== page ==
Palumbo also emphasizes the economic benefits of naturism. Each summer, Italian naturists hold an "exodus" to Croatia in the East and Corsica in the West to find naturist beaches and resorts, he says, and many North-European naturists just avoid Italy altogether and spend their Euros in other countries. The author points out rightly that Italy would be foolish to turn those tourists away, just like it would catastrophical if it didn't want tourists visit its churches and castles. Italy will make a fool of itself if it sends the police on to the beaches to persecute innocent naturists, he says.
One of Palumbo's suggestions is that each municipality with beaches should set aside a minimum of 5 or 10 percent of its coastline - along seas, lakes or rivers - to naturism. The measure should not only apply to beaches, but also to parks or other areas suitable for naturism, with naturist associations involved in the management of those areas.
The magazine further also mentions that a new naturist association for the Venice area saw an increase in membership of 56 percent - though it does not mention how many people that actually means - and that the group has been active in organizing sauna and dinner meetings.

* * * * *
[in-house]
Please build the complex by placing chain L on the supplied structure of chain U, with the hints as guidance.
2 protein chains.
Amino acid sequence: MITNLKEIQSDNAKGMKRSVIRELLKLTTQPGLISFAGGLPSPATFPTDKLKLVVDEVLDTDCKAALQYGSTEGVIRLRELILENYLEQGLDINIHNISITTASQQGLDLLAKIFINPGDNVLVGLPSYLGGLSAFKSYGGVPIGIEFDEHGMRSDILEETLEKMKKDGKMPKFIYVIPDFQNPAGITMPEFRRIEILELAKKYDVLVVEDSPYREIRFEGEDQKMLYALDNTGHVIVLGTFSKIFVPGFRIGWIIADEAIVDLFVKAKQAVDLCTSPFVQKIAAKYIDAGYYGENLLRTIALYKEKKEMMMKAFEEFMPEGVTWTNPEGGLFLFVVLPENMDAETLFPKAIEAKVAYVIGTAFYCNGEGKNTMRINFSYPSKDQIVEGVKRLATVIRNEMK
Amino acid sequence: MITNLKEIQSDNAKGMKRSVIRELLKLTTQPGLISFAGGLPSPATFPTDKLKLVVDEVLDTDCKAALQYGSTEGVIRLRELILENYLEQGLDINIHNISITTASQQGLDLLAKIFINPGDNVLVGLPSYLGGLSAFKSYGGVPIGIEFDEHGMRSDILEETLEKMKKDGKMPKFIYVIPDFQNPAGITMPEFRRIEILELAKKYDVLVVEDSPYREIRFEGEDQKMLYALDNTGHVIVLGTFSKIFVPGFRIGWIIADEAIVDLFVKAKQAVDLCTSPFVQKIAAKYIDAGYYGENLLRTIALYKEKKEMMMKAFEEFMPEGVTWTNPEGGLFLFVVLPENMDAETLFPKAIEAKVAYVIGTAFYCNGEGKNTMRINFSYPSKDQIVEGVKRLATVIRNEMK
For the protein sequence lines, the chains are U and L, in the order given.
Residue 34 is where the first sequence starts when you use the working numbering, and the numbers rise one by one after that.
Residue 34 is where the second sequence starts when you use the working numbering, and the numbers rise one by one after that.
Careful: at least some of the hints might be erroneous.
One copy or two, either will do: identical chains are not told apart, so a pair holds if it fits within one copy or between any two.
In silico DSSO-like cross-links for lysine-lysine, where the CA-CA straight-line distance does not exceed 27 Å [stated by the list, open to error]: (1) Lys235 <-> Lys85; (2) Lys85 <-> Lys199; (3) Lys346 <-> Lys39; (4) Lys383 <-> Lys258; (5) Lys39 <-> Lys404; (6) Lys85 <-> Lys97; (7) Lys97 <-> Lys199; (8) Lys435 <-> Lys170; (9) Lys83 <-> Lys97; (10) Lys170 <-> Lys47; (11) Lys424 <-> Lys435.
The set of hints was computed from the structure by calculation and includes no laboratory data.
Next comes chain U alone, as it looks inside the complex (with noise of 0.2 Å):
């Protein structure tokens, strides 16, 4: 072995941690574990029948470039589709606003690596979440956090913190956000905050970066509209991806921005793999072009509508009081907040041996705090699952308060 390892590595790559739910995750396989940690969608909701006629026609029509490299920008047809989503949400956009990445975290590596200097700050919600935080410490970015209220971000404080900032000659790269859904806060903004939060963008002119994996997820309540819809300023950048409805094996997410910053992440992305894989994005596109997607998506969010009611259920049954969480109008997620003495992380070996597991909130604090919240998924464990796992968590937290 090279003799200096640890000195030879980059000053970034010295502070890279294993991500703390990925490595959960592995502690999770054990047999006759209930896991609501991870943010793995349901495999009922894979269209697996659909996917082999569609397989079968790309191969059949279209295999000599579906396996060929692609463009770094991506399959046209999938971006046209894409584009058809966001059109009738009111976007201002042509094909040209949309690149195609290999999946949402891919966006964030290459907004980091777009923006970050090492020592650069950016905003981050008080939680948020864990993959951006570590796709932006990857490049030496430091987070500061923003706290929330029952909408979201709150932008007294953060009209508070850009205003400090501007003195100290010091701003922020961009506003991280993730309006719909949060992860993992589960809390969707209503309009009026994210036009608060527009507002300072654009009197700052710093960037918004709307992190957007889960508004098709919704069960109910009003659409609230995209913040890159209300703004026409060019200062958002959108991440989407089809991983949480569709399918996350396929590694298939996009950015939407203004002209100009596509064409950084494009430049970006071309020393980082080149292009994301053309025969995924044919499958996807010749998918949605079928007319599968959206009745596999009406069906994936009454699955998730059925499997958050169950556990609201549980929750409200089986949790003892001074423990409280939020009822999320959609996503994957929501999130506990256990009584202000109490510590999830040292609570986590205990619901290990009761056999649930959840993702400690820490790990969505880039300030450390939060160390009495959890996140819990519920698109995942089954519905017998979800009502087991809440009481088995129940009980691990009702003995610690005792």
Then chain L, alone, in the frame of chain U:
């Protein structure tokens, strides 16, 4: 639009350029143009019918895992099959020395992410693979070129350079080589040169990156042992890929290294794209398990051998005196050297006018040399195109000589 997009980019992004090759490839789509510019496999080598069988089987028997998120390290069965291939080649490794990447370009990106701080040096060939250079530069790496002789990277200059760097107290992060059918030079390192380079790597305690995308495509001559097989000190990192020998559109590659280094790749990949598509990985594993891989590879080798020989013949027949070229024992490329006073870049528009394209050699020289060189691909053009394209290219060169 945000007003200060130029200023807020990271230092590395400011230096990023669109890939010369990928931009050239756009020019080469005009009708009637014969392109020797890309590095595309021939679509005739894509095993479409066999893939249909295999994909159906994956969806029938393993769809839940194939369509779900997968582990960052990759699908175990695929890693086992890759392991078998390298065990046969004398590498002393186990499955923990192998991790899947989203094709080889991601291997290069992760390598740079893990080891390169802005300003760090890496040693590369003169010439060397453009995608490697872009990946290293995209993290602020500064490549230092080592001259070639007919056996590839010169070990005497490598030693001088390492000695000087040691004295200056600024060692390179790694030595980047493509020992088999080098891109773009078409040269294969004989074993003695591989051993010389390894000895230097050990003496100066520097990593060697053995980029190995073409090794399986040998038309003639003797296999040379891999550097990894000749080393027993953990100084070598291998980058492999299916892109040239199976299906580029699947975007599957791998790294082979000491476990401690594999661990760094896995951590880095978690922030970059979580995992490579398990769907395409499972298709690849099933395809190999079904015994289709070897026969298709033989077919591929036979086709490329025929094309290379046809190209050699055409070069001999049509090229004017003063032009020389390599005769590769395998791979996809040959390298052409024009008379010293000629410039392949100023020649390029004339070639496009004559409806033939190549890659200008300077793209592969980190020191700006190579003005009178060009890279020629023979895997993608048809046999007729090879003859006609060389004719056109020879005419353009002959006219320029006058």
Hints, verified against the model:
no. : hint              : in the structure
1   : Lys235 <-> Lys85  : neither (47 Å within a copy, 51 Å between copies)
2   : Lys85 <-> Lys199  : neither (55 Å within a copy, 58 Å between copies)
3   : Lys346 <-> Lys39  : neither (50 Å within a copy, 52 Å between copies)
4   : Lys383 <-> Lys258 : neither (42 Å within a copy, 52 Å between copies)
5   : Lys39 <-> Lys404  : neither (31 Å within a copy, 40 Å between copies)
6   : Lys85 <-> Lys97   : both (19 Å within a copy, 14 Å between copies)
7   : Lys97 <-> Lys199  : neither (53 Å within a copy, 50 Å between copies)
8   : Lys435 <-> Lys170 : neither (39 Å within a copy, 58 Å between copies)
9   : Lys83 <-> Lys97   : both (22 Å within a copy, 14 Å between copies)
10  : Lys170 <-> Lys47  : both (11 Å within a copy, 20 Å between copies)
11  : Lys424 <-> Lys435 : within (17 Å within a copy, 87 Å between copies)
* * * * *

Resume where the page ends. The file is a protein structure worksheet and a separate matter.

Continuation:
As usual, the magazine concludes with a non-naturist tourism report - a visit to the ornate Stupinigi hunting lodge near Turin.
Over the next few weeks, I hope to be reporting on this blog about the next edition of Info Naturista, and more importantly, about new naturist associations in Asian countries.

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Friday, March 12, 2010

Naturism in Popular Film and Literature

When you ask a non-naturist about having seen naturists in film or TV, the older generation will probably mention Inspector Clouseau aka Peter Sellers bumbling his way through a naturist 'camp' - as resorts were known then - in 'A Shot in the Dark.' Younger TV viewers in the United States might think of an episode of sleuth show 'Monk' in which actor Tony Shalhoub is embraced by a nude man on a nude beach.
On the whole, when you encounter naturists on TV, in ads, in movies, in books, there is always that connotation of 'aren't naturists silly, funny and weird.'
What needs to change?
Naturists should be featured as normal people with normal pastimes, and just as other characters in novels, TV series or movies. You can have a detective series where one of the investigators or one of the suspects or one of the victims is a naturist. Think 'CSI: Miami' with a naturist victim. A hostage taking at a naturist camp. A police series where one of the main characters is a naturist regular.